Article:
While powerful Hurricane Maria has been devastating the Caribbean, off the Carolina coast Jose was holding on to its hurricane credentials with winds of 75 mph, just enough to qualify as a Category 1.
As predicted, Jose has remained well offshore and, as predicted, has set off some coastal flooding at the Jersey Shore with reports of water filled roads in Cape May County, including on Delsea Drive.
A flood warning was in effect at the Shore until 1 a.m. Wednesday with “widespread road flooding” and minor property damage possible, the National Weather Service says.
Of course, that would be an April shower compared to what is happening in the Caribbean, where Maria – another Category 5 hurricane with peak winds of 160 mph – is exploiting the same favorable storm environment mined by Irma.
For now the computer models are virtually unanimous in keeping Maria away from the U.S. East Coast, but that is by no means a certainty.
Track errors this far out are on the order of hundreds of miles, notes Bryan Norcross, hurricane specialist at the Weather Channel and a tropical-storm veteran.
“I don’t want to promise anyone anything,” said Dennis Feltgen, a meteorologist and spokesman for the National Hurricane Center. “There’s a lot of balls in the air.”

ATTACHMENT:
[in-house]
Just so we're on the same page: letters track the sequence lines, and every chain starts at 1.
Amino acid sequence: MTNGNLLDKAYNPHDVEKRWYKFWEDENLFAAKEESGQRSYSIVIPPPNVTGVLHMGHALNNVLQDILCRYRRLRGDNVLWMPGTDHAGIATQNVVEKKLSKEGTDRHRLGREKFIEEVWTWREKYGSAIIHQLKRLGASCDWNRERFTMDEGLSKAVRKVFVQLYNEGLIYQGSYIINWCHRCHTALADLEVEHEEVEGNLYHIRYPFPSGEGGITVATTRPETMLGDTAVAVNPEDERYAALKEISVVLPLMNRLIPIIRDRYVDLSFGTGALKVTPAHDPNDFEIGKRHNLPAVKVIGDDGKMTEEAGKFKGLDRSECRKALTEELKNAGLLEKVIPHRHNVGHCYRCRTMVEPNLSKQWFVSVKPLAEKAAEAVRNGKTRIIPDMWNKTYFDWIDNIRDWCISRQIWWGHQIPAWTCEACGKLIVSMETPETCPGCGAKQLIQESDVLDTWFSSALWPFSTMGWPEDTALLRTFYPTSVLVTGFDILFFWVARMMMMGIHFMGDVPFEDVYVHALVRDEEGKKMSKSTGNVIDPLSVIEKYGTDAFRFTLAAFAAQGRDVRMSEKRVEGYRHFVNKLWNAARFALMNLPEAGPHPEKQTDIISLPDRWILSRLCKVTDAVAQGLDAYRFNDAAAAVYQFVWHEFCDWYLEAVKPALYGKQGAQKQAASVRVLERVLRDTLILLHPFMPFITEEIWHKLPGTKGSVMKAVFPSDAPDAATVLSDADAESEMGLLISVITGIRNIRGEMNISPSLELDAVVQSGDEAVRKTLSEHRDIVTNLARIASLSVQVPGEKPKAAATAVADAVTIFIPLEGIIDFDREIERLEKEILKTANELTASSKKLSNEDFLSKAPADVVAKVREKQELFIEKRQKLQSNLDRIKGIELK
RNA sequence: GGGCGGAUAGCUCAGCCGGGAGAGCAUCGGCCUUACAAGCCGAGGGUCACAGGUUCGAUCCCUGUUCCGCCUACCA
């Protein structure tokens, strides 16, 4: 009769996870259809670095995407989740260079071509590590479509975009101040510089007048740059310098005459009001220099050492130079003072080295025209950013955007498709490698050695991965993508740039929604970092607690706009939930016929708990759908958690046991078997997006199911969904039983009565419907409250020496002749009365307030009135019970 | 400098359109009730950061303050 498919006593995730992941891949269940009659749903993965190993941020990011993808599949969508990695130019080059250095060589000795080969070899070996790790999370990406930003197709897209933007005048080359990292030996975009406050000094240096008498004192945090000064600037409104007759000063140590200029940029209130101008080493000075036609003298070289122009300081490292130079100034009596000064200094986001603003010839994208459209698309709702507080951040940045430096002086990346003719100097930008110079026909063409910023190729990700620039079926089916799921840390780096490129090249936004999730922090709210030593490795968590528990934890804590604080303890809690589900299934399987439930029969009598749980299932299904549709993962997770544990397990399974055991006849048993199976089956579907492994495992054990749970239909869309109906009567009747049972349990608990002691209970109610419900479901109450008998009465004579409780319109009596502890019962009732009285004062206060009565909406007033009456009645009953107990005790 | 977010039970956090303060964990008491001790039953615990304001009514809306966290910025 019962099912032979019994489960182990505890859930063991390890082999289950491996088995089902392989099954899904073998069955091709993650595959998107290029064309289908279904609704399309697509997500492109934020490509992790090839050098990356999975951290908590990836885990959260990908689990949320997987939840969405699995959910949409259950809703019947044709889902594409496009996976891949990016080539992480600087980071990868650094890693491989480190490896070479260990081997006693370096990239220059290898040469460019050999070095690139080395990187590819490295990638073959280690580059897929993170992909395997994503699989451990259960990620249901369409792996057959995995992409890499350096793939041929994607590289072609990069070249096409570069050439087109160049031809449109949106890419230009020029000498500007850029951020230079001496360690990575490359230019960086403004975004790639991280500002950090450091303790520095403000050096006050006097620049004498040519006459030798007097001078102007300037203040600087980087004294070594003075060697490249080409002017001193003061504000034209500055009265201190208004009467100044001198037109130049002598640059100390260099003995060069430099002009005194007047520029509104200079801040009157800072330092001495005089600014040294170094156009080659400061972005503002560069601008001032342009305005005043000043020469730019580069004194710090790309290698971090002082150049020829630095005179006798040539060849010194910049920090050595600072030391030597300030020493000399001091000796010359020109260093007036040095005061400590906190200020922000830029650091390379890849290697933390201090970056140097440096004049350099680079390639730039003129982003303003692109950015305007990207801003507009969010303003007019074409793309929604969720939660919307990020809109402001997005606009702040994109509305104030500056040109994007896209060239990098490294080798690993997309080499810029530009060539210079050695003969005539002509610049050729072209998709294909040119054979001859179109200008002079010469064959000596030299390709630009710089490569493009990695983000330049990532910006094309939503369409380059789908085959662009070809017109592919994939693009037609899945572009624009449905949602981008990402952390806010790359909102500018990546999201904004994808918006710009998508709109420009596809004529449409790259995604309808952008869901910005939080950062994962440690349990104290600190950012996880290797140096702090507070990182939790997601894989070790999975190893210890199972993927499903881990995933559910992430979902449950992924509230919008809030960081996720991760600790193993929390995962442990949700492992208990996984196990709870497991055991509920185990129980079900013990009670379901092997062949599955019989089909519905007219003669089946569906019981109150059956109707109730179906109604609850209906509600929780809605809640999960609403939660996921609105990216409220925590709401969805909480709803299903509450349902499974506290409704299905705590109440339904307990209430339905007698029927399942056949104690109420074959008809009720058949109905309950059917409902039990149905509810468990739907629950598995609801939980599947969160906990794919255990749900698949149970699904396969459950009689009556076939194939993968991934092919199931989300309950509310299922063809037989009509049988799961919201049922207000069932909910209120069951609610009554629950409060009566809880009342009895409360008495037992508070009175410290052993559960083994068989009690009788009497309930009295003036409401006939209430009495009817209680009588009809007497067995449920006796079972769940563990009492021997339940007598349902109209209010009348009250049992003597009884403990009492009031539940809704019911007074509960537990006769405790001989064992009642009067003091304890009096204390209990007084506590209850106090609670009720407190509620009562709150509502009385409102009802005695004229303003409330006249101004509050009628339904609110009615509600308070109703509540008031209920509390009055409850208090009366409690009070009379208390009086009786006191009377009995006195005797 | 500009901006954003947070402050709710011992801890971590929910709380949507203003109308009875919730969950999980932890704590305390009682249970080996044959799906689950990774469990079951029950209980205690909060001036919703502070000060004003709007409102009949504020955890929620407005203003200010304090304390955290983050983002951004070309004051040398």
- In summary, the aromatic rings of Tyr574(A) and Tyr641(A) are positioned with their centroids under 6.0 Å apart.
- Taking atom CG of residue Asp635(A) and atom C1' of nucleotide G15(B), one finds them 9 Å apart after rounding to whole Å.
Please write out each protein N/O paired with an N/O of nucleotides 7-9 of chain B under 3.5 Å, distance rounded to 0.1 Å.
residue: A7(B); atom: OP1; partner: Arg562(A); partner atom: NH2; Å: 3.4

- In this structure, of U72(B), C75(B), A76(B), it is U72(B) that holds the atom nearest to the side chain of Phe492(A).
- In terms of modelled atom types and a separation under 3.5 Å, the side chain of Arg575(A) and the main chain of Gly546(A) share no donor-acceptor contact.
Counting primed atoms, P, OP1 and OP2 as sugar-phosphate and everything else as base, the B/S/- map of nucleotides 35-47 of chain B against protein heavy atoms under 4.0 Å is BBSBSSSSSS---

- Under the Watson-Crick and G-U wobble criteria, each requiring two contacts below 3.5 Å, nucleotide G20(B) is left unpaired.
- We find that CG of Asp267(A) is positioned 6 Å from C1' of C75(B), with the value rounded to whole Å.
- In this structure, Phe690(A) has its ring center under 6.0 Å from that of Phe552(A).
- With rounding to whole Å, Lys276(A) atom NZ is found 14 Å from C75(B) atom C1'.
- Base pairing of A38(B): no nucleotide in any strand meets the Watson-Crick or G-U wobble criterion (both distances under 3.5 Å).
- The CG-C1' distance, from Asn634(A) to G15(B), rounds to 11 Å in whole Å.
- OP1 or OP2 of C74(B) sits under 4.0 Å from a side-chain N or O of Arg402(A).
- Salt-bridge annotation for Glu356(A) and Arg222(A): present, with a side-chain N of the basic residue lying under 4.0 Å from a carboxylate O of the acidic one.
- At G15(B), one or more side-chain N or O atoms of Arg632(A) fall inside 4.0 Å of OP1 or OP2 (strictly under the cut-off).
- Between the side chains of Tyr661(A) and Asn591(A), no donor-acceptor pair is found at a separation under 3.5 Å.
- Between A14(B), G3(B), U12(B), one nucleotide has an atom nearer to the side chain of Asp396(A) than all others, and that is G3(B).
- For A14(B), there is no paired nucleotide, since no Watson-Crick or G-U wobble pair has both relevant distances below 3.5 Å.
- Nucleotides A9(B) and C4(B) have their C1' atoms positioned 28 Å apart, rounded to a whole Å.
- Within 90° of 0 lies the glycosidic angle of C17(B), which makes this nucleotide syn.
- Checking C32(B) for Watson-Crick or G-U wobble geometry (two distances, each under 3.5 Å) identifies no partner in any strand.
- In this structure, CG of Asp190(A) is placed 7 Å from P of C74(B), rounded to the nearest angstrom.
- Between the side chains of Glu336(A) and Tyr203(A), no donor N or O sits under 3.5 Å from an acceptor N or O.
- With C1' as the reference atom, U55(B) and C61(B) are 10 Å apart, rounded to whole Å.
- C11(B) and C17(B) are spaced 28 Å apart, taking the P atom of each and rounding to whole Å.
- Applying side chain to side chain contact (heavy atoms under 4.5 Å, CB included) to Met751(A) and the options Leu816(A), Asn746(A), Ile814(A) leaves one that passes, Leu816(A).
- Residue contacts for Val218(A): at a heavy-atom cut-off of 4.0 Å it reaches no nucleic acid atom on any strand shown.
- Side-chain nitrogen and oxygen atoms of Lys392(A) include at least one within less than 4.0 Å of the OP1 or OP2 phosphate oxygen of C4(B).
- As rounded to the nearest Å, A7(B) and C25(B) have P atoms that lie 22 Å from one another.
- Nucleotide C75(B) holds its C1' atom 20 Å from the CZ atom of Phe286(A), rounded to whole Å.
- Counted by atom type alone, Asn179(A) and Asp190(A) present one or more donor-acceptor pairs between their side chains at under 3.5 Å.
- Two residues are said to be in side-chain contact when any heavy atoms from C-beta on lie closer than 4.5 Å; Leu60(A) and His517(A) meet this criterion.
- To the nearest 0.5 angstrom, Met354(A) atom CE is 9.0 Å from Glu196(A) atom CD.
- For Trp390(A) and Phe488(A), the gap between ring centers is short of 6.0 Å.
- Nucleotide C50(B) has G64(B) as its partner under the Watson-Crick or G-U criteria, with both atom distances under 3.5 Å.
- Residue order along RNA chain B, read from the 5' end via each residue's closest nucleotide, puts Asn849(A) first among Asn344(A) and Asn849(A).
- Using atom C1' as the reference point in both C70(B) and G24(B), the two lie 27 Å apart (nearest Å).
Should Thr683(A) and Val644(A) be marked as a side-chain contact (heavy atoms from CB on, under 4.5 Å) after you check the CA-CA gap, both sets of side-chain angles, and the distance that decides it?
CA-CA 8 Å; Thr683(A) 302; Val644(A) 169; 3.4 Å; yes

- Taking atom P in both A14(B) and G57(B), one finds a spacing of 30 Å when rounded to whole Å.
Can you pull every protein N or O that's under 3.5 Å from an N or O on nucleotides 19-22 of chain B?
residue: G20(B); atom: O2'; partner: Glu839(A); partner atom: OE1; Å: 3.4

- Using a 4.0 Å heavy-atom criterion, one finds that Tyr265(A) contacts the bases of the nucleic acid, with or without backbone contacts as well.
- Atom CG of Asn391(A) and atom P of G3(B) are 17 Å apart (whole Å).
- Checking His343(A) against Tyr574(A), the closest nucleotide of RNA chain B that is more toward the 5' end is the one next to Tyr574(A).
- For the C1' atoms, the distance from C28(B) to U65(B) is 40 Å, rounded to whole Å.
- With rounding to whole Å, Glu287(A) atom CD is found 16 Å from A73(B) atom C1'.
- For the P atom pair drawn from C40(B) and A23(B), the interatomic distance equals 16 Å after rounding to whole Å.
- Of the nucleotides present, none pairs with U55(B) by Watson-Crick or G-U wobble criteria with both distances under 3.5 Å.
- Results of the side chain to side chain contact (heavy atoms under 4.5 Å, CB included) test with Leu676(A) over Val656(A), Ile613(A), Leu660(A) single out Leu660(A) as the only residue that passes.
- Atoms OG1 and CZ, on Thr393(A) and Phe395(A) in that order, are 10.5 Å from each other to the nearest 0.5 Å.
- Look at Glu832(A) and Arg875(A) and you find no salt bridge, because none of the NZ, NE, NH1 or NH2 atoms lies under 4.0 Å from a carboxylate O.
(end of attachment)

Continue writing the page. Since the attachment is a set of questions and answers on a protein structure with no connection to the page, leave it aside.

One of them is Jose, which, unlike Maria, is a large storm as hurricanes go. It might well be a nuisance the next few days, but East Coast residents and property owners should be rooting hard for Jose.
Winds move counterclockwise around centers of storms, thus winds on the east side of Jose are from the south. Those would tend to keep Maria out to sea, says Norcross.
If Jose should weaken or dissipate, Maria could come closer or even approach the East Coast, he said.
Any such threat would be a week or more away, however, and it remains unclear how much the encounters with mountainous terrain in the Caribbean terrain will affect Maria’s intensity and path.
Maria, Norcross says, is a small storm, with an eye a mere 10 miles in diameter; the entire island of Bermuda would have fit in Irma’s eye. Thus the damage patterns likely will be radically different.
If it does eventually become an East Coast threat, says Norcross, it would be more likely to impact areas from North Carolina northward, rather than Florida.